This is my first NICAR, but someone mentioned that NICAR 2012 was “The Year of the Map”, with panels, tutorials, and discussion otherwise centered around new, exciting tools like Mapbox and Leaflet.
We invented new terms like BoyerMaps and used the rest of the year to make some incredible map-based news apps.
If NICAR 2013 has a theme among its divergent, widely varied sessions, it is the resurgence of an antiquated tool: the spreadsheet. From Tasneem Raja's tabletop.js session to Chase Davis's powerful session on exploratory data analysis, which used spreadsheet-compatible data in a csv, many of NICAR's speakers returned to the trusty spreadsheet and found new levels of power within it.
What truly makes the spreadsheet so powerful is how inclusive the use of spreadsheets, especially when done through Google, can be for the newsroom. Reporters with no technical skills understand spreadsheets. Reporters can contribute to spreadsheets. And as Tasneem Raja explained on Friday, spreadsheets are a great tool to explain how the structure of a data-driven news app is constructed.
After participating in their first app construction experience, Raja said, reporters began to understand what was possible for a news app. That is incredibly powerful. When reporters in the newsroom can not only help in the data gathering and reporting process but also contribute to the brainstorm and idea generation process constructively, we have succeeded. We have infected the newsroom. We are creating “inclusive story crafting.”
Among the conference's variance has been a certain divide between beginner-focused sessions focused on training and expert-level theoretical sessions focused on thinking and solving the problems that have arisen from news apps. As a developing developer, I found myself splitting time between both extremes, trying to gather new skills as well as enrich my already established skills. In the beginner sessions, I found myself surrounded by reporters trying to get a handle on something, anything that will help them understand the changes occurring in their industry.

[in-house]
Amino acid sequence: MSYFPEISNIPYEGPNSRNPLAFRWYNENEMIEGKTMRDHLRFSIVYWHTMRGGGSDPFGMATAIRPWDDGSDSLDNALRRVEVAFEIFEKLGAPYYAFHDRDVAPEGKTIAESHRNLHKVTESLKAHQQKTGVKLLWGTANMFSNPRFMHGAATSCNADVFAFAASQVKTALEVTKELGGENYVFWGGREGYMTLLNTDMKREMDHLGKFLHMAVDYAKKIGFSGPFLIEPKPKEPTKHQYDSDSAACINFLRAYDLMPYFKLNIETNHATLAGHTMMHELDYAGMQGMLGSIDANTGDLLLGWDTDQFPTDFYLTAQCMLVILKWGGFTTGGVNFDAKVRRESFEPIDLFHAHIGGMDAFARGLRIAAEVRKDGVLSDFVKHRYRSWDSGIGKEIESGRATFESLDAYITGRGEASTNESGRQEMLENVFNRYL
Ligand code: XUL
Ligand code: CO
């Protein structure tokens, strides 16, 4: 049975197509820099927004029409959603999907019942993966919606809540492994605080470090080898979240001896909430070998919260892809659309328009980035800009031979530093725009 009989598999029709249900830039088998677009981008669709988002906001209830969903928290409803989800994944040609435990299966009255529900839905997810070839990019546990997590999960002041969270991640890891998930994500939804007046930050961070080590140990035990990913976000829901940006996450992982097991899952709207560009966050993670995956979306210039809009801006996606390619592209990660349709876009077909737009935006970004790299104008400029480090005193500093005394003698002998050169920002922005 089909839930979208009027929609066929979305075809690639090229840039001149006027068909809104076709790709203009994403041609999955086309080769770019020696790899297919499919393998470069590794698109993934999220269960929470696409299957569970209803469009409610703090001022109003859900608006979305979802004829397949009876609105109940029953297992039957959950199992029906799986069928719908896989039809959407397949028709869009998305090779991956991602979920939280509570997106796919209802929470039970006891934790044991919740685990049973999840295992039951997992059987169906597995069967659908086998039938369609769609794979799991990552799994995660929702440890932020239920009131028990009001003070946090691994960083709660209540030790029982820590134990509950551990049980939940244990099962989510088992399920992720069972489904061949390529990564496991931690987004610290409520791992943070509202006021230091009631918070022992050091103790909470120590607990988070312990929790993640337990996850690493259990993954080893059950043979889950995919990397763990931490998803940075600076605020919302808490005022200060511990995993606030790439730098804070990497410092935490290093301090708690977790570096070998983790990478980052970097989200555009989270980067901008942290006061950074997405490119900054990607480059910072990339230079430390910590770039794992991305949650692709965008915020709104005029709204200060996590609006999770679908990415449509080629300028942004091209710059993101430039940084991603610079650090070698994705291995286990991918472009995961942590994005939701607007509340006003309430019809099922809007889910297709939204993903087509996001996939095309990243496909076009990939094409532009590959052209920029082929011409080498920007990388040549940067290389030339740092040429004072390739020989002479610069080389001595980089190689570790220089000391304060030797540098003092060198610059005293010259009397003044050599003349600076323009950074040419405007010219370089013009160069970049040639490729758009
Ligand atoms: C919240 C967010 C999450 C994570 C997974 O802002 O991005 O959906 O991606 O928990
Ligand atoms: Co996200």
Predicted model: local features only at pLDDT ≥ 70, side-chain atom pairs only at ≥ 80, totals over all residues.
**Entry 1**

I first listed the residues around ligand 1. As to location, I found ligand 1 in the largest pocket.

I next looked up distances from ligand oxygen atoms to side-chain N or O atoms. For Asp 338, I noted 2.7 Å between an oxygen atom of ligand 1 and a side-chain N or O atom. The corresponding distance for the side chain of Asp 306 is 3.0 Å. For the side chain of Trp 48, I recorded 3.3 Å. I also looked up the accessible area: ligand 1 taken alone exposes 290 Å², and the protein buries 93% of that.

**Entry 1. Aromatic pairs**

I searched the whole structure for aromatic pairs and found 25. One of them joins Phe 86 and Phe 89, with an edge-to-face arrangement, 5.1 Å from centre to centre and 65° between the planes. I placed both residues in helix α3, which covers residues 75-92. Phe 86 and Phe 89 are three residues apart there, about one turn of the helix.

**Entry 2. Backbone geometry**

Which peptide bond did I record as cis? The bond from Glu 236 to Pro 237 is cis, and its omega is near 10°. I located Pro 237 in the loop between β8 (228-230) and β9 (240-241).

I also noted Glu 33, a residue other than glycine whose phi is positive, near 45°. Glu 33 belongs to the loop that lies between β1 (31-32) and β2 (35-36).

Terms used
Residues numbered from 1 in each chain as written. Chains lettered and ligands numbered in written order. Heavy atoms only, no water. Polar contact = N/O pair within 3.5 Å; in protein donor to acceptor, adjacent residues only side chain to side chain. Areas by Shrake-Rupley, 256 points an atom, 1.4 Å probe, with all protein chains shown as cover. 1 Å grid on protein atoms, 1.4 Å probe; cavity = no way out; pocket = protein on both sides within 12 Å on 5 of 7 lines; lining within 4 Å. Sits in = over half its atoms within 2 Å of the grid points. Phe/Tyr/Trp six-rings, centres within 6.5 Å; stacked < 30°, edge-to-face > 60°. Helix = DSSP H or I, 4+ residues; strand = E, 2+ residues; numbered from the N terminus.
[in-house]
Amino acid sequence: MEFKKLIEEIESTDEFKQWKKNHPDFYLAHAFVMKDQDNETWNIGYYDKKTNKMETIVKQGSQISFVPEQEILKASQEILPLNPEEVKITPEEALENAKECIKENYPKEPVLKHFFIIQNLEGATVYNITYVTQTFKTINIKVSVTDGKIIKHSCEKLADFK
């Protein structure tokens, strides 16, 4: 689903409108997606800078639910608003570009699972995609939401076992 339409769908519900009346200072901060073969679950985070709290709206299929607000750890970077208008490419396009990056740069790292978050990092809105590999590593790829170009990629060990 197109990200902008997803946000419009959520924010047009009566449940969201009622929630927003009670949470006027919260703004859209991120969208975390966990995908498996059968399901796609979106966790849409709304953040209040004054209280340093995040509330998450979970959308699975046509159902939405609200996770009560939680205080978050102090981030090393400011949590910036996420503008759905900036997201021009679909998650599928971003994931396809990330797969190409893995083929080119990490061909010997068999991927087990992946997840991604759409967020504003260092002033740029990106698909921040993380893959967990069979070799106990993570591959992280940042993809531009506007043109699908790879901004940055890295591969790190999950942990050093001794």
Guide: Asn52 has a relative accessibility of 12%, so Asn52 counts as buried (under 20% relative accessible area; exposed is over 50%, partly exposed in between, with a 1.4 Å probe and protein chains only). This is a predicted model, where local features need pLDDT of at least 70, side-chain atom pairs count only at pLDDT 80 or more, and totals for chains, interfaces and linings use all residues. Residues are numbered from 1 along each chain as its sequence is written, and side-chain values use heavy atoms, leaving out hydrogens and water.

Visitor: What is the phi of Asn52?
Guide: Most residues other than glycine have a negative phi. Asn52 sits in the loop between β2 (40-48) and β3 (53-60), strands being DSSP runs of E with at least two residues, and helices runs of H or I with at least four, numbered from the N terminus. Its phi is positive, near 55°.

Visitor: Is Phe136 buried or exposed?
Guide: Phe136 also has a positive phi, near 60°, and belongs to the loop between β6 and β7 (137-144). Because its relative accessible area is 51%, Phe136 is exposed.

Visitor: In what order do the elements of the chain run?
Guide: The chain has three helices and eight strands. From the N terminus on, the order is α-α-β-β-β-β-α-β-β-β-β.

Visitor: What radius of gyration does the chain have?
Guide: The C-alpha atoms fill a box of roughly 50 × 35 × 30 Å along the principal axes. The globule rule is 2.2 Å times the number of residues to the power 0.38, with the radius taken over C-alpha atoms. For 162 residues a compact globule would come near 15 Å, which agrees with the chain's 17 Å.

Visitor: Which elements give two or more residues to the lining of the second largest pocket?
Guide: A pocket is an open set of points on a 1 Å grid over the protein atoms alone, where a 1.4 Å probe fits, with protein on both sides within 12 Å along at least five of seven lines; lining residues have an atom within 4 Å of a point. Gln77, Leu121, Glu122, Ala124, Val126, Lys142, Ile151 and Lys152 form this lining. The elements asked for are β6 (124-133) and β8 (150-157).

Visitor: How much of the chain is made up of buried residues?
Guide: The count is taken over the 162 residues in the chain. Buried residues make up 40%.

Sisi Wei's Code With Me, Dave Stanton's For Journalism and internal initiatives such as those put on by the Chicago Tribune News Applications Team teach journalists how to code and try to bridge this gap of understanding. These are noble, worthy causes, and ones that can generate incredible impact in the newsroom. They are direct examples of programs that should exist not only at the professional level but also at the journalism school level.
But not every current journalist will learn how to code (though every future journalist *must*). And we need different ways to get them involved. Maybe instead of talking about total code literacy in the newsroom, we should be talking about the more general inclusive story crafting. How can reporters be included in our process, even if they cannot or will not learn how to code?
I am not prescribing the spreadsheet as the catchall solution. There are serious problems with rate limits on Google, and spreadsheet-based data leaves out more innovative ways of exploring data. But it is a *great* way to explain structure and allow reporters to do what they do best — report and research — and let news developers do what they do best — develop, design and iterate. Beyond that, the spreadsheet is accessible enough to everyone that reporters can contribute to the code, and developers can contribute to the reporting. They act as a mediator between two disciplines that have encountered friction. They make collaboration possible. Let's get more people involved with spreadsheets, and I bet we'll find more solutions once we do.